"Begin the Begin"- Probably the strangest riff ever (sounds like a Hindu snakecharmer managed to learn how to play guitar) stuck in the middle of one of R.E.M.'s heaviest songs ever. This song is the perfect way to open the record, and lets you know exactly what you are going to hear for the next forty minutes. Probably the only time R.E.M. opened a record this way.
"These Days"- I think this song is probably the best guitar driven song that R.E.M. has ever recorded. I've never heard anything like it before or since. And talk about fast and driving! If this song doesn't get you going and your blood pumping, you need help.
"Fall on Me"- Almost everyone's heard this one. I like it a lot, but it's not my favorite on the record. Maybe I've just heard it too much.
"Cuyahoga"- The record's high point, in terms of songwriting and performance. The song is so simple and is played with so much restraint that it is engrossing.
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By Reviewer on May 16 2004
Format: Audio CD
"Life's Rich Pageant" is an aptly titled work as it's definitely a lively and rich pageantry of beautiful music.
I especially like the songs "Begin the Begin", "Cuyahoga", and "Superman". However, though the album is rich with some lush and pretty music (it might be the most beautiful upbeat R.E.M. album -- "Automatic for the People" being the most beautiful pensive R.E.M. album) I think its overall quality is a bit less than that of predecessors "Murmur" and "Reckoning" and ancestor "Document".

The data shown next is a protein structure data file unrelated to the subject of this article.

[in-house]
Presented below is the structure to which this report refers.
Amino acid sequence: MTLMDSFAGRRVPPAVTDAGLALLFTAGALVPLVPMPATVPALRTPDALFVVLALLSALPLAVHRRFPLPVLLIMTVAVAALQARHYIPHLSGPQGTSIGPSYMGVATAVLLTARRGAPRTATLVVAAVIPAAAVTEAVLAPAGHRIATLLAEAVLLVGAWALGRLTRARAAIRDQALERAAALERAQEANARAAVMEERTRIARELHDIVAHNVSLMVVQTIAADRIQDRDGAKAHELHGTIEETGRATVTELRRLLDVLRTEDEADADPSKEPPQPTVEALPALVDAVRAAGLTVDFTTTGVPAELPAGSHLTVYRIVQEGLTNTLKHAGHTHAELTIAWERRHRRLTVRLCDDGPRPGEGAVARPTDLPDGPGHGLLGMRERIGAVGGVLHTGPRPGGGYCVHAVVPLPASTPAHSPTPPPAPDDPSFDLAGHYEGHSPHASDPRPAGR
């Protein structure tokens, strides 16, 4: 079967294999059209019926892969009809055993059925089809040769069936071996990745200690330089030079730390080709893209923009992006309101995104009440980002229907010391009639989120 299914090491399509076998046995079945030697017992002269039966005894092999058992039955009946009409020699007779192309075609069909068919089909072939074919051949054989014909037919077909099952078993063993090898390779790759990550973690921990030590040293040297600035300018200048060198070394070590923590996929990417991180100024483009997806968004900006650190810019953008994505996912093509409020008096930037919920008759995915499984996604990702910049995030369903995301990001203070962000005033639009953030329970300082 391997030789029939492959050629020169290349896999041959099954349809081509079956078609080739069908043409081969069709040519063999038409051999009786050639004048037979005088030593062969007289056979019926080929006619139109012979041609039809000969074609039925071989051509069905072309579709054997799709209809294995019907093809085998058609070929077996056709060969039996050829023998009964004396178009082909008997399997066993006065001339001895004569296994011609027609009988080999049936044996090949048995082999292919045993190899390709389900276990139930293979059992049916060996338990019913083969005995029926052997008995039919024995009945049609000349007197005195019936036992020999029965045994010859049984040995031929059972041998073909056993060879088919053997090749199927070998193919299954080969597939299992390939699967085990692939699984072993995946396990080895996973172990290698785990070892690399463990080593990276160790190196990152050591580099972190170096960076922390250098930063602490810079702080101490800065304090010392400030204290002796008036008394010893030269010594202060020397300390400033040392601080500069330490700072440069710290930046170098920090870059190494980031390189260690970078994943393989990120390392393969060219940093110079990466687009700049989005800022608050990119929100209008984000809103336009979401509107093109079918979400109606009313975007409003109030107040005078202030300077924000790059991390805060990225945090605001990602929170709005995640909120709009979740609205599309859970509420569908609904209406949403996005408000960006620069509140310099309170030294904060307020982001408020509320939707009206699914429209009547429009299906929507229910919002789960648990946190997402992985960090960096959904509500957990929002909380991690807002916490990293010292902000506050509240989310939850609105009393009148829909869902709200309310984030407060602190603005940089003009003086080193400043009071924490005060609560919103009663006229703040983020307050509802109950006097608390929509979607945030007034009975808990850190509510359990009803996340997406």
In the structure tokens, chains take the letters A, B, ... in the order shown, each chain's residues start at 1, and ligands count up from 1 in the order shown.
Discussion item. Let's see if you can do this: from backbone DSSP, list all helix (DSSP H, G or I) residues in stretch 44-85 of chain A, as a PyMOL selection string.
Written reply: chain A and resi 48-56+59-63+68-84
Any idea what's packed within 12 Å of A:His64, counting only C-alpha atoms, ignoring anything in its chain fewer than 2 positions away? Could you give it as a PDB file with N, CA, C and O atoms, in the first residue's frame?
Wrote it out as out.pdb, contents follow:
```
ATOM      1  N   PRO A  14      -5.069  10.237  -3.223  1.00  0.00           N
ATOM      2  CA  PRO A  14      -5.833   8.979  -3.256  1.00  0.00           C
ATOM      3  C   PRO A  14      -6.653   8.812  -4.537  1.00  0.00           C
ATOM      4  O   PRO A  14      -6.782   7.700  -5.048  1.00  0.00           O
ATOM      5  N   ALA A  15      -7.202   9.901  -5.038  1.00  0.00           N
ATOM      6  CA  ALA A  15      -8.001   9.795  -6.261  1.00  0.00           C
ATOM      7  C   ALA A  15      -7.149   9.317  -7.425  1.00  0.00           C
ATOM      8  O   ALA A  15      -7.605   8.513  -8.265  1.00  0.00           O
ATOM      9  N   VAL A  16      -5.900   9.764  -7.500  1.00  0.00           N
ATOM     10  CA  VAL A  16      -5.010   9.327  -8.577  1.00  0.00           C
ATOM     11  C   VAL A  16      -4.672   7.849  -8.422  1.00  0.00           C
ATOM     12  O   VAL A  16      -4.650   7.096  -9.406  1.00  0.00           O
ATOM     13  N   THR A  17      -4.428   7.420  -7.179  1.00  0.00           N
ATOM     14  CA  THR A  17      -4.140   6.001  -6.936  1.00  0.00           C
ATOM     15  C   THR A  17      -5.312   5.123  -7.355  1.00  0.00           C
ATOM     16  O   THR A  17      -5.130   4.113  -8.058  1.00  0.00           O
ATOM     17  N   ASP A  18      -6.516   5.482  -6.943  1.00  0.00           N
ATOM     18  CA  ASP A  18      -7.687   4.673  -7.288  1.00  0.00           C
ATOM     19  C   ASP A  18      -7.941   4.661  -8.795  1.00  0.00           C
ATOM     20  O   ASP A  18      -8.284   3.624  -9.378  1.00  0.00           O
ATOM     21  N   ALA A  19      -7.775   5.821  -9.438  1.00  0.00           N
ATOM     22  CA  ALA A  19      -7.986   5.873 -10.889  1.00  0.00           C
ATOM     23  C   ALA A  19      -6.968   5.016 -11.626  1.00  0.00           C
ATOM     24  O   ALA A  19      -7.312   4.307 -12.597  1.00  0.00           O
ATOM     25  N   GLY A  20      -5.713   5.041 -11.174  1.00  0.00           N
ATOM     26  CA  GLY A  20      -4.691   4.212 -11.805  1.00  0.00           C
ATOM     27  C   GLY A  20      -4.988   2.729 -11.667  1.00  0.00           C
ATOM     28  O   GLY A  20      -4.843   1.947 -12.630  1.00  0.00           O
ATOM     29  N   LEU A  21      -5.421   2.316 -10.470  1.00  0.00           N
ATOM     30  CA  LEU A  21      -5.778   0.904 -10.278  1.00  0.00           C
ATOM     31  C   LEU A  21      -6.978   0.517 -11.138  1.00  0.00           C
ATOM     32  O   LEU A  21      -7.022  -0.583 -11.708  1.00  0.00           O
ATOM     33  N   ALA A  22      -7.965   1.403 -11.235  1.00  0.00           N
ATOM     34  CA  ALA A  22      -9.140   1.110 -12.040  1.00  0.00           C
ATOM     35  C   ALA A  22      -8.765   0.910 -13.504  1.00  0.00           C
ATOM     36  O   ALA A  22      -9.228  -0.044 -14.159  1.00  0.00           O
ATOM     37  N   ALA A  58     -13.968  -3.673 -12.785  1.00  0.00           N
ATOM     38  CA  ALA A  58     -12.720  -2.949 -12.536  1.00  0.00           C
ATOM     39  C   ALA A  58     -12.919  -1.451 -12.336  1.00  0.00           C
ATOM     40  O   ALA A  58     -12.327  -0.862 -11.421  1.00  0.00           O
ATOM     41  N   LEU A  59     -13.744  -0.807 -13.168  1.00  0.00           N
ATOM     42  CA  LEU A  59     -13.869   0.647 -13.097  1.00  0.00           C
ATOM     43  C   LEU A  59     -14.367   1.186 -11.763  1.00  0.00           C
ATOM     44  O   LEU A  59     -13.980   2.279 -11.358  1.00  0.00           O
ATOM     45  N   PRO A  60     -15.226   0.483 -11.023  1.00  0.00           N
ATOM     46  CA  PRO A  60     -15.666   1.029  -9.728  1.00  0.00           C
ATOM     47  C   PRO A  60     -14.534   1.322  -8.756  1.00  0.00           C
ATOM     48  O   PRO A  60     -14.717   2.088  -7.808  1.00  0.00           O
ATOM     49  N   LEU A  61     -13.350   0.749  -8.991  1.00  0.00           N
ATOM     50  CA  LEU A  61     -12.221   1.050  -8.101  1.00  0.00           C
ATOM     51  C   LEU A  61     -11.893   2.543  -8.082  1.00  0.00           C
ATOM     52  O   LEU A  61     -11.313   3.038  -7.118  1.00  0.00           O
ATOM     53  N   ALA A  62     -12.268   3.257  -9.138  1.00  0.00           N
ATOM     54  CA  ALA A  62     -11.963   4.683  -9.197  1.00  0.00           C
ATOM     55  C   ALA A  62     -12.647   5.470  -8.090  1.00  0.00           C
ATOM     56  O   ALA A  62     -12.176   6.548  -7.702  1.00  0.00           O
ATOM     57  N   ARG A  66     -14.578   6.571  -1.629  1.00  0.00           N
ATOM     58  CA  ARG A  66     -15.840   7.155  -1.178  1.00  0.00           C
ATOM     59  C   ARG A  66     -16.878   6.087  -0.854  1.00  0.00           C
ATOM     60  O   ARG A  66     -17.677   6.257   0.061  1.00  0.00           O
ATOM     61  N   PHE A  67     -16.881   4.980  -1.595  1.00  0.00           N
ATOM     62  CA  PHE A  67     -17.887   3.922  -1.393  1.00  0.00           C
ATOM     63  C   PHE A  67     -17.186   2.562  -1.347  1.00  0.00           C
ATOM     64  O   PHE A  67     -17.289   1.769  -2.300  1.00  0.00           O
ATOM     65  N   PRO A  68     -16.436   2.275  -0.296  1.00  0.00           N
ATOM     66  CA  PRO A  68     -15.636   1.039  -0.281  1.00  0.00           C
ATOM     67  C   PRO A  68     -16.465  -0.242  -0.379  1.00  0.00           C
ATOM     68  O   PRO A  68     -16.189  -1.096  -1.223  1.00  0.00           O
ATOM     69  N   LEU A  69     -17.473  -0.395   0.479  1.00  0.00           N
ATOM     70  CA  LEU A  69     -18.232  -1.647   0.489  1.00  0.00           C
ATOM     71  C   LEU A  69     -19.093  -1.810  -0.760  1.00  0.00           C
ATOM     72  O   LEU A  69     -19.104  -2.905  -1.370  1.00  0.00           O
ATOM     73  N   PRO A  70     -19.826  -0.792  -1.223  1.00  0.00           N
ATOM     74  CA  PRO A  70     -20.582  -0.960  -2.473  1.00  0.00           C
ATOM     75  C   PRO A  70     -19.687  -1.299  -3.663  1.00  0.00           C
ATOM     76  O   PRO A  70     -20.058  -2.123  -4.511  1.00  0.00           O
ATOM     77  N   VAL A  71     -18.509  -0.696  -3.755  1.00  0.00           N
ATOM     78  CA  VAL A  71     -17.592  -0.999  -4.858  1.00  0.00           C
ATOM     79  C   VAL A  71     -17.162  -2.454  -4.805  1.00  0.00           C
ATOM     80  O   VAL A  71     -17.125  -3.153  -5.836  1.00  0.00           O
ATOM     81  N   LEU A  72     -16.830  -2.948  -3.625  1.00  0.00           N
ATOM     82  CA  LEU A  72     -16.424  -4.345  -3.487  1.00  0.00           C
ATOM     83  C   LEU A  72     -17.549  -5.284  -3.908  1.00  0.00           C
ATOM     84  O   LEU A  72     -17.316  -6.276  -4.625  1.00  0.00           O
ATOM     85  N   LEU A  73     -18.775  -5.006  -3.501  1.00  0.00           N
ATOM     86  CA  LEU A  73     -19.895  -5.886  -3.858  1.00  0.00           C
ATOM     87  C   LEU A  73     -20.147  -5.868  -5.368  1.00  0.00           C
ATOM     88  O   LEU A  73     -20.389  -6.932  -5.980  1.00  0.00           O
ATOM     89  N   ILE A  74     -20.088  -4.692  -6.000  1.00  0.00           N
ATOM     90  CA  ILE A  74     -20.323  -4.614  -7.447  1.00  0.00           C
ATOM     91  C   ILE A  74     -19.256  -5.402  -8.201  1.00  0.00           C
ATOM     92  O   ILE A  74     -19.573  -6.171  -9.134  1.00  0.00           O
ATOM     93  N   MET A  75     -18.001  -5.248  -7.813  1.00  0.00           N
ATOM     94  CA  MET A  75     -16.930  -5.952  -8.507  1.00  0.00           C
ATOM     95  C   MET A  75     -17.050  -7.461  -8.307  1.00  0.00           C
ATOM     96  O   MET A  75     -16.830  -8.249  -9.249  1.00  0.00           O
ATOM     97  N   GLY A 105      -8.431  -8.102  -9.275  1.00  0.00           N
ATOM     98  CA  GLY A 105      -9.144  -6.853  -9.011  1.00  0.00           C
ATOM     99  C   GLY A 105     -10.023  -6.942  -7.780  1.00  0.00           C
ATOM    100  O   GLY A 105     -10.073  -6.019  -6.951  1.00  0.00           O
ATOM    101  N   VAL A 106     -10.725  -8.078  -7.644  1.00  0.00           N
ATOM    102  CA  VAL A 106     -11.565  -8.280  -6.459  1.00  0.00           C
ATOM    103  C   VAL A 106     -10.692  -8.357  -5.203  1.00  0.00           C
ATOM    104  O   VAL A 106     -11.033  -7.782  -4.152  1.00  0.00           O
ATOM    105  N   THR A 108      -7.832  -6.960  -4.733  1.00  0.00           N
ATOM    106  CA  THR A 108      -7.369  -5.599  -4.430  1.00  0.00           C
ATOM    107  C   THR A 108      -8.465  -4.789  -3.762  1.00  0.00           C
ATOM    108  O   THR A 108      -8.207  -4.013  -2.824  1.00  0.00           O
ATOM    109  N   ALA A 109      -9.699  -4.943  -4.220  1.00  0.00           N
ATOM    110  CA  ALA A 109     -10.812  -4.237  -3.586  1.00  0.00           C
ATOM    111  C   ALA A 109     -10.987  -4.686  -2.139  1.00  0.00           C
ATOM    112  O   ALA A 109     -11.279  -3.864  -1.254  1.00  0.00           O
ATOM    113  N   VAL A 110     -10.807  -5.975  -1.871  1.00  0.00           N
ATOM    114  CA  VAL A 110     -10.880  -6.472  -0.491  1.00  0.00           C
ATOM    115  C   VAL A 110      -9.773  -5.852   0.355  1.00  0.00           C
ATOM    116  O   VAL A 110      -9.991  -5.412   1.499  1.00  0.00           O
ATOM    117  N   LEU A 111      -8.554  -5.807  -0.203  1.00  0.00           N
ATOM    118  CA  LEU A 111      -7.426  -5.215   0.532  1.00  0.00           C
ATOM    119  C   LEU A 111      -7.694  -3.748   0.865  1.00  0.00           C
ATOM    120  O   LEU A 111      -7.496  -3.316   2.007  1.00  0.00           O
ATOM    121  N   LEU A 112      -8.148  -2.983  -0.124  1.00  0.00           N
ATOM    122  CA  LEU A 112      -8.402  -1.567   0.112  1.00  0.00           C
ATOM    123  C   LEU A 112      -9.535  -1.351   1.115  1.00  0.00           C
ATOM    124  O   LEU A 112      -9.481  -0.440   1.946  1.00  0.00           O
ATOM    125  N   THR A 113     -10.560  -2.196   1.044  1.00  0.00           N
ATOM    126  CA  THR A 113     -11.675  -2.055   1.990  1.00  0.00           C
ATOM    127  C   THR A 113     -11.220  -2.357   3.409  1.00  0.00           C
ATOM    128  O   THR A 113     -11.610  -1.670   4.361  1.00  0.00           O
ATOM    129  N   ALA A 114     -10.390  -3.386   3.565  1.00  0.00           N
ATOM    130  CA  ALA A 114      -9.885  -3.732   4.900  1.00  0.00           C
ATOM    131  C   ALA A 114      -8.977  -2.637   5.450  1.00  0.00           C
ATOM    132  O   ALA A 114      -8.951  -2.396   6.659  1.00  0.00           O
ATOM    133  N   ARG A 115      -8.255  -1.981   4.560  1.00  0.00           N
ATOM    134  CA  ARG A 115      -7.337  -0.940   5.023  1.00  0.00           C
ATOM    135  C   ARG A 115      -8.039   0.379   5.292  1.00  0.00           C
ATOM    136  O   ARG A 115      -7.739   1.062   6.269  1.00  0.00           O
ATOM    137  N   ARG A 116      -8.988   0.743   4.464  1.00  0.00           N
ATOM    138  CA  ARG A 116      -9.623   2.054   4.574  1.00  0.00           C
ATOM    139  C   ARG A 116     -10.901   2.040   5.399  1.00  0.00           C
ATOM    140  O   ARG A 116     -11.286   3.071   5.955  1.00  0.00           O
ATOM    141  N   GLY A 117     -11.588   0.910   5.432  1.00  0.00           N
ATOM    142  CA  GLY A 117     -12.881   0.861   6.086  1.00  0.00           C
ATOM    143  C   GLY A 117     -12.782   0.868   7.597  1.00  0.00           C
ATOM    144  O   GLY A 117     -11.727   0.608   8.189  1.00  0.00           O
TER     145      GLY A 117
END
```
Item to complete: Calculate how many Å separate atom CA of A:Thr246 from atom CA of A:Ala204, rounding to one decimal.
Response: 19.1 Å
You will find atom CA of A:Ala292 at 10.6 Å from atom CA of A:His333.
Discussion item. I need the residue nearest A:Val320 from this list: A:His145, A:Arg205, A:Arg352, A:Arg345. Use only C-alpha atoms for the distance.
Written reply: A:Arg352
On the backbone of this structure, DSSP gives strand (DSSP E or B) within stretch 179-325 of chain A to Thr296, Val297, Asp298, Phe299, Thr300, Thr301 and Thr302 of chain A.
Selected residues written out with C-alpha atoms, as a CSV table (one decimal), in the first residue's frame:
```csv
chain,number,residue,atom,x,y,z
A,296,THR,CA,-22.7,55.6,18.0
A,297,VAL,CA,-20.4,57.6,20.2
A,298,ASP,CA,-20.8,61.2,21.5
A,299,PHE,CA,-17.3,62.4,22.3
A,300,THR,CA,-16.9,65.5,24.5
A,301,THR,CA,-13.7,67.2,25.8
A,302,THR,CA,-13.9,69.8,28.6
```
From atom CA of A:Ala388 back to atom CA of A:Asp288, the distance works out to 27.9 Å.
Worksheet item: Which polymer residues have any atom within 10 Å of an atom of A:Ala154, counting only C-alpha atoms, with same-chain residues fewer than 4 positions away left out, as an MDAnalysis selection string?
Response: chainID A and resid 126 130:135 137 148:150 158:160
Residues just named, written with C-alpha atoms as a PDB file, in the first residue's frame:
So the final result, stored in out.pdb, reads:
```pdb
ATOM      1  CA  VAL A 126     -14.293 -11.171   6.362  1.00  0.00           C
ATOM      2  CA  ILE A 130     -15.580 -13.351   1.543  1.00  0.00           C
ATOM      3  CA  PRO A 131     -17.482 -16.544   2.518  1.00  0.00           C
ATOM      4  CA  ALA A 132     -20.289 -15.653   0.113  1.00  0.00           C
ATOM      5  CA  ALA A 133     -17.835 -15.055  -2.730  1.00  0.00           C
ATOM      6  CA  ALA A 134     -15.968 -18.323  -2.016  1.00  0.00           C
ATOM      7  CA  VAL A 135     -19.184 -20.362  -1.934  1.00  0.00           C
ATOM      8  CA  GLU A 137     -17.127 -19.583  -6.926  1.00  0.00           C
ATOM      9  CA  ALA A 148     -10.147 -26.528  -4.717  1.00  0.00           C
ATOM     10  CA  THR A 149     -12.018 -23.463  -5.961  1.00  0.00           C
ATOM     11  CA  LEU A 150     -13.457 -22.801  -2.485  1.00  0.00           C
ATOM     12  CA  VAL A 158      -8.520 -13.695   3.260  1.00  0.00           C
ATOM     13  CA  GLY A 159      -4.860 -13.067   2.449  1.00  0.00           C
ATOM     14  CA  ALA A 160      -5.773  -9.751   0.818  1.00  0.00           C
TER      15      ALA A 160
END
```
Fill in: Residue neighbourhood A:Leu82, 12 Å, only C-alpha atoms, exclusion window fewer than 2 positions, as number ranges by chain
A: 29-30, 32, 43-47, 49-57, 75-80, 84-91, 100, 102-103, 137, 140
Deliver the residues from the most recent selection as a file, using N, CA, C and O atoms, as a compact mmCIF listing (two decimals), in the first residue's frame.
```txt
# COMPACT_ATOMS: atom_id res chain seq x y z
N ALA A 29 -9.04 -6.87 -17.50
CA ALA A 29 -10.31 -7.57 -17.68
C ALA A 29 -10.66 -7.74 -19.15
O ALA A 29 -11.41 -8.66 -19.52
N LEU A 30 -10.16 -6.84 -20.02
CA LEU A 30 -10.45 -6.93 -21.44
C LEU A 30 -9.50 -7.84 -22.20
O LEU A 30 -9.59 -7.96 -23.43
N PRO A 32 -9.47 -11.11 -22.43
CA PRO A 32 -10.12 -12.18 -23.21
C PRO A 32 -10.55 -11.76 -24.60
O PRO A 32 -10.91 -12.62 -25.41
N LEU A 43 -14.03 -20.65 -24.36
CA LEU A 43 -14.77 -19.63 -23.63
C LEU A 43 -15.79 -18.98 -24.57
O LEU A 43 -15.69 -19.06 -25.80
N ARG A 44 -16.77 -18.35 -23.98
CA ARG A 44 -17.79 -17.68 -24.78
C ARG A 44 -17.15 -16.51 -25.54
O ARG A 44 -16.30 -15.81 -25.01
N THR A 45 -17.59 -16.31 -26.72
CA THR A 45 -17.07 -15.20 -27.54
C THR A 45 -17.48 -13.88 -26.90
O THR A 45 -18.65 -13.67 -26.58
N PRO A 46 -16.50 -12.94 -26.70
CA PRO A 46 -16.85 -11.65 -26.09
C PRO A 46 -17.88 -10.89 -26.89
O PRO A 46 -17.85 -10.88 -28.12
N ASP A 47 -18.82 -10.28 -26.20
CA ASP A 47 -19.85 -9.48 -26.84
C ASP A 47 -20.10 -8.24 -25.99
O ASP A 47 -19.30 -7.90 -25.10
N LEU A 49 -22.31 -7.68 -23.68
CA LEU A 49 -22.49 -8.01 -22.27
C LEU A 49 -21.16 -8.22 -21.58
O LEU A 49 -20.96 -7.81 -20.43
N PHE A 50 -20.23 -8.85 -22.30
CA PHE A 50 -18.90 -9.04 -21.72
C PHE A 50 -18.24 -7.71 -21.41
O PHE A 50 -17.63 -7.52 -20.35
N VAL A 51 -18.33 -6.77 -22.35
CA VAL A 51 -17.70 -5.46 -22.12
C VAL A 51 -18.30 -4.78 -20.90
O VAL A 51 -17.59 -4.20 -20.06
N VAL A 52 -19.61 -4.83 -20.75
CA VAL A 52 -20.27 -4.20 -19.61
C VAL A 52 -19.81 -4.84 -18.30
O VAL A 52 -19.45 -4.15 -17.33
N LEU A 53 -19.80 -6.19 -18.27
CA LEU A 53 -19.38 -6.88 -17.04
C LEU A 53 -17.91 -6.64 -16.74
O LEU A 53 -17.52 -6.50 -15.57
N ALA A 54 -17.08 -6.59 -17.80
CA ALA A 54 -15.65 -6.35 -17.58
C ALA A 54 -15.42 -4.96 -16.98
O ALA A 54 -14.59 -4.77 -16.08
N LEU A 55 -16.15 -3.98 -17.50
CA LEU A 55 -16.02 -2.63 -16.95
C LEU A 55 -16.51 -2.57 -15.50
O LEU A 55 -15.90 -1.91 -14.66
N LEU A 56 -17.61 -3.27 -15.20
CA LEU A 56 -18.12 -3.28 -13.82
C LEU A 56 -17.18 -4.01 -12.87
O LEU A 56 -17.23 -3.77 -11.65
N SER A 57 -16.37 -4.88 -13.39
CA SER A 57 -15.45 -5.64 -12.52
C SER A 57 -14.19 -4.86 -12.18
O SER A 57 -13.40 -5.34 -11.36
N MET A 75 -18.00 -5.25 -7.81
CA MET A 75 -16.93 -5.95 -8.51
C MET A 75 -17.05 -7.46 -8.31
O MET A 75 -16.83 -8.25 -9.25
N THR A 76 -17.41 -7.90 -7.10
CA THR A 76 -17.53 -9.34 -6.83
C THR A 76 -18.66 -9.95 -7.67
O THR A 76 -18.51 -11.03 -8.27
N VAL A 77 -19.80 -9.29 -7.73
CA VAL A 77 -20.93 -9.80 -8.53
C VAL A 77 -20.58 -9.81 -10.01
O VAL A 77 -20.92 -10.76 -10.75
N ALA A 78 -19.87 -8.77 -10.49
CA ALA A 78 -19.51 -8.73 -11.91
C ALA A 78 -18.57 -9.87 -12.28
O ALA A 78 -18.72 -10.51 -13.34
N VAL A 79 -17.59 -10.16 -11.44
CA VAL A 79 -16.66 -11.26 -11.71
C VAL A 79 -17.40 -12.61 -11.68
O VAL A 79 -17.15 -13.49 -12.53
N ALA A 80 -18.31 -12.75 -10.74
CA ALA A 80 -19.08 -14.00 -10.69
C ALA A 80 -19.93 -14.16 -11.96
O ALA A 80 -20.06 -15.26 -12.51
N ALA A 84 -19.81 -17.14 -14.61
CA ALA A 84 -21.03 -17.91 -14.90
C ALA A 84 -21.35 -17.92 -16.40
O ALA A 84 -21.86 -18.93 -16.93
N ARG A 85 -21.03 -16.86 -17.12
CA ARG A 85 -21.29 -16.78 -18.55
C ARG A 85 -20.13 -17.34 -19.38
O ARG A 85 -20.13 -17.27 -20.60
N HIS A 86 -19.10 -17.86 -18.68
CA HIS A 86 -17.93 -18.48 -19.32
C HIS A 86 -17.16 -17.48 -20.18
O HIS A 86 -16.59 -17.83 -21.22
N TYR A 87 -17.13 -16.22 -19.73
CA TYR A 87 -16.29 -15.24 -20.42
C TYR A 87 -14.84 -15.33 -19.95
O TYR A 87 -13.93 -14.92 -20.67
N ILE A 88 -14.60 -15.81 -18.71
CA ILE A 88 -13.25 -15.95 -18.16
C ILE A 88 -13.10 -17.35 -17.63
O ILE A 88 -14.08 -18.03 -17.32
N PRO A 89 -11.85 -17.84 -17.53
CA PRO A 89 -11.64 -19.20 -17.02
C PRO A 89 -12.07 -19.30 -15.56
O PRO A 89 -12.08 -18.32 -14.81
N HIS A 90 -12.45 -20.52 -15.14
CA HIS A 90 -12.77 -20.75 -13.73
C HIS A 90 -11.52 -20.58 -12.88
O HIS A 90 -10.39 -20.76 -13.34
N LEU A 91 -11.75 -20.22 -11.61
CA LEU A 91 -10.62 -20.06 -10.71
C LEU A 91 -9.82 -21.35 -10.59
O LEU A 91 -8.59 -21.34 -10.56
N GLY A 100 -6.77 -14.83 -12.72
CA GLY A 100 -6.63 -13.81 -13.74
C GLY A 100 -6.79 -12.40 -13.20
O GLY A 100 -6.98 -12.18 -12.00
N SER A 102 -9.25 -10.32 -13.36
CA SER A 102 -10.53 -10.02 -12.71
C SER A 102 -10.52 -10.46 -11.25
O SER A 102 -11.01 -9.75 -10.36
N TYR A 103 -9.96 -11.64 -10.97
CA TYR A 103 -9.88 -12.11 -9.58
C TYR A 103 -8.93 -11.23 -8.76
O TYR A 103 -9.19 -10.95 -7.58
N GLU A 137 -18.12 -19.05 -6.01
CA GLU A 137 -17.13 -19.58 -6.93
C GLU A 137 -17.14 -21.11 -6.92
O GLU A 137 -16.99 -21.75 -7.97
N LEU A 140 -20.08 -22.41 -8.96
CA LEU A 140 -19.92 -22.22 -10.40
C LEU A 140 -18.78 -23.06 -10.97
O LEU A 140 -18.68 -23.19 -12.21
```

While representing a bit of a departure from past R.E.M. sound, I'd say that "Life's Rich Pageant" isn't so much a seminal R.E.M. album like "Murmur" or "Out of Time" as it is a bridge between the first three albums ("Murmur", "Reckoning", and "Fables of the Reconstruction") and the two immediately subsequent albums, "Document" and "Green." Songs like "Superman" definitely foreshadow what was to come in those two follow-ups. Other songs, like "Cuyahoga", hearken back more to the three previous albums.
"Life's Rich Pageant" is yet another great R.E.M. record and definitely worth owning. The band's albums are all so good you'll see in each album's reviews, including this one's, a claim by someone saying that that particular album is the band's best. That is the sure sign of a great band.
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Format: Audio CD
Michael Stipe referred to this album in Mojo magazine as being the most like REM that REM has ever sounded. And I'm inclined to agree.
For fans like myself this is the ultimate REM experience. For newcomers, an excellent introduction. For those sitting on the fence, it'll knock you clean to the ground on the REM side.